Home Arts Malala Yousafzai goes from victim to victor, and to Nobel Peace Prize nominee

Malala Yousafzai goes from victim to victor, and to Nobel Peace Prize nominee

by Shereen Ahmed Rafea October 22, 2013
Malala Yousafzai goes from victim to victor, and to Nobel Peace Prize nominee

Last year the Taliban shot a 15-year-old girl in the head and neck while she was on a school bus with her friends and headed home. They shot her because of her strong campaign efforts for girls’ education. Malala Yousafzai survived the attack and lived to tell her story.

Her life is narrated in her memoir, entitled I Am Malala, which was released earlier this month.  The gripping book recounts her upbringing in Pakistan’s Swat Valley, her family history and the environment around them.

Her father, Ziauddin, influenced her love of education, declaring when she was a child that “Malala will be free as a bird.” Moreover he was a strong supporter of girls’ rights and started a school in the valley. Yousafzai writes about him in an idolizing tone, making it clear that they were a duo, fighting for education together.

She paints a thorough picture of Pakistan by describing its history and the chronological events that shaped it. Yousafzai also writes about the horrors of the Taliban’s tactics, from beheadings to burning buildings, which led to school closings and girls staying at home. While the Taliban feared education, Malala knew the pen was the best way to achieve peace and understanding.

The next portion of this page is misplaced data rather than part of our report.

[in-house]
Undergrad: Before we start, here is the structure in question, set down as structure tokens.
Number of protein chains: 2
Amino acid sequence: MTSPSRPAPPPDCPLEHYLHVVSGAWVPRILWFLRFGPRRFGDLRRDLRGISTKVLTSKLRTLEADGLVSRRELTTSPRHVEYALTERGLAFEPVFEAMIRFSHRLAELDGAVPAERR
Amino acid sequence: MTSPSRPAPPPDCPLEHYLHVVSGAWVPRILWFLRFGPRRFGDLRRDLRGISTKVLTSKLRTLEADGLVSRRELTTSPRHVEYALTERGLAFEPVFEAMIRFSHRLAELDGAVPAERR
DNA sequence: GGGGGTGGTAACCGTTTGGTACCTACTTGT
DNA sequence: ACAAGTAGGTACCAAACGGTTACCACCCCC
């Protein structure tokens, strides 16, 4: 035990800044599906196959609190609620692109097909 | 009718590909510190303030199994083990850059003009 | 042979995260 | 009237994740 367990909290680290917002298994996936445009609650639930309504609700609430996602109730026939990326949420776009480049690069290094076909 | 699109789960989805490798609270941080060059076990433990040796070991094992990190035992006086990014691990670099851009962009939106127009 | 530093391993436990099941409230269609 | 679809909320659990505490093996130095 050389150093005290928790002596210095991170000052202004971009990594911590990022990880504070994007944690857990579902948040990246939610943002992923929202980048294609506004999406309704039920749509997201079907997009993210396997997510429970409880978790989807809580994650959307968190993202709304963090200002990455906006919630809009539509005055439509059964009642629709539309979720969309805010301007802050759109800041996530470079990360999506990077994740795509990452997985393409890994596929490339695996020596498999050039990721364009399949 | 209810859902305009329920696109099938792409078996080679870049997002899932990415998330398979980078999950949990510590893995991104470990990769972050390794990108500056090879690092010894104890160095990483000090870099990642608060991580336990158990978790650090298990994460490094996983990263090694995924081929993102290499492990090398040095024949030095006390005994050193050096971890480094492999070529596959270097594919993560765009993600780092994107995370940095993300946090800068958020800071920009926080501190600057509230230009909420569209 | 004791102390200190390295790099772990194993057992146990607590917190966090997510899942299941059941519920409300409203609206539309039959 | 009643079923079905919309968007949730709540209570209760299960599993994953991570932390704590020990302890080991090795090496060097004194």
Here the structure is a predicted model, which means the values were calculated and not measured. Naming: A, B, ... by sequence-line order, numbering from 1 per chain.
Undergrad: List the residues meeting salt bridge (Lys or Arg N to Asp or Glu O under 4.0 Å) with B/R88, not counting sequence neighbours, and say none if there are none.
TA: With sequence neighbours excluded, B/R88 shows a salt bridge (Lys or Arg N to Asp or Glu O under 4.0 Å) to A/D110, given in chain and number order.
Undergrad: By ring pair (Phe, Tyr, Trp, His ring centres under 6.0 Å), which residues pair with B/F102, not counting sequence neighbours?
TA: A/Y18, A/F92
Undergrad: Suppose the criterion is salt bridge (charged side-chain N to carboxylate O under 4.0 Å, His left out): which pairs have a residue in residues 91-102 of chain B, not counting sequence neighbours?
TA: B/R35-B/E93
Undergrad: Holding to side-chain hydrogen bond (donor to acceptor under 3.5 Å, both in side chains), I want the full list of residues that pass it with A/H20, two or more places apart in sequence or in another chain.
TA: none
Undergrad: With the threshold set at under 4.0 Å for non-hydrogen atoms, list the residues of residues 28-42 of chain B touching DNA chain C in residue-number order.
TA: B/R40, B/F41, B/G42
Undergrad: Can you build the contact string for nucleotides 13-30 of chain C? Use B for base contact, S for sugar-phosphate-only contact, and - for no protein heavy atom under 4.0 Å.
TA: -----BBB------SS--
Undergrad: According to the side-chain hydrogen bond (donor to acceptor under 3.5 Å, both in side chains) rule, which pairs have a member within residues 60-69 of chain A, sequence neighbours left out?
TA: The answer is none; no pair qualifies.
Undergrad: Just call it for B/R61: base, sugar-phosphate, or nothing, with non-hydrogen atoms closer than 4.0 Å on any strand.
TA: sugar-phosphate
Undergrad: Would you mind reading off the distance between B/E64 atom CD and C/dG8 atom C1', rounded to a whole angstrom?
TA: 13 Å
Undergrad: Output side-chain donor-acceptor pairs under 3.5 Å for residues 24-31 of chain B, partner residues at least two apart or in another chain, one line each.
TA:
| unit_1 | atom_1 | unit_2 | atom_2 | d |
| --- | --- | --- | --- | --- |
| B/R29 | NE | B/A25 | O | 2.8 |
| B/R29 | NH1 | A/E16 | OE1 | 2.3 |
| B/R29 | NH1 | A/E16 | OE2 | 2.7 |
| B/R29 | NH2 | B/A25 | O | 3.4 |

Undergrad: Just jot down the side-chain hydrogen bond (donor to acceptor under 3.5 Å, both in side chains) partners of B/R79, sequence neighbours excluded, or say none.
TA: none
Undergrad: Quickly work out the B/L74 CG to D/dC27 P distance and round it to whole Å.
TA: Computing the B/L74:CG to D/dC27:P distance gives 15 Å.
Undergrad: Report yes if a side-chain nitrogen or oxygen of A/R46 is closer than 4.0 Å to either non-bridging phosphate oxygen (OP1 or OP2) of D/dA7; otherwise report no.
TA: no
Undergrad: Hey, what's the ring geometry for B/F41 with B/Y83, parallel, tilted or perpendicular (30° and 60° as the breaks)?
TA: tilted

Supported by her parents, she wrote an anonymous blog for BBC Urdu about life under the Taliban regime. She went on to appear in many interviews and a New York Times documentary.

Yousafzai highlights her competitive nature, her hopes and her love of her valley. The picturesque mountains, breathtaking scenery and the hospitable people are what she holds dear to her heart. One of the photos in the book is a painting she made when she was twelve, depicting different religious symbols and above them a handshake. This is her vision of interfaith harmony.

Yousafzai loves her books and is proud of them. That is why she hated leaving them behind when the family was evacuated during an earthquake.

The vibe of this five-part story shifts from positive to melancholic to resilient. At some parts it is a historical narrative and in others it’s made up of personal experiences and views. She quotes Pakistani folk tales, poems and sayings, blending both the histories of family and country.

Yousafzai now lives in Birmingham, England, the same place where she was treated after her shooting, yet describes feelings of homesickness and loneliness in her new home, made up as it is of a new environment and a different culture.

Her recovery was considered miraculous. Her must-read memoir contains her championed message, that education is the way to combat terrorism and intolerance, a message for which she’s become the youngest person ever to be nominated for a Nobel Peace Prize.
Reading the book increases one’s admiration for this girl who’s endured so much, yet continues to believe in the power of communication. She is a part of a foundation, called the Malala Fund, that works to provide accessible and quality education for other children world-wide, stating that it “believes that each girl and boy, has the ability to change the world and that all she needs is a chance.”

Her world, the halls of her school, the faces of her friends and family, and the air around her come alive on page. It is a testament to an ongoing fight against extremism and the liberation of those struggling under its ruthless grip.

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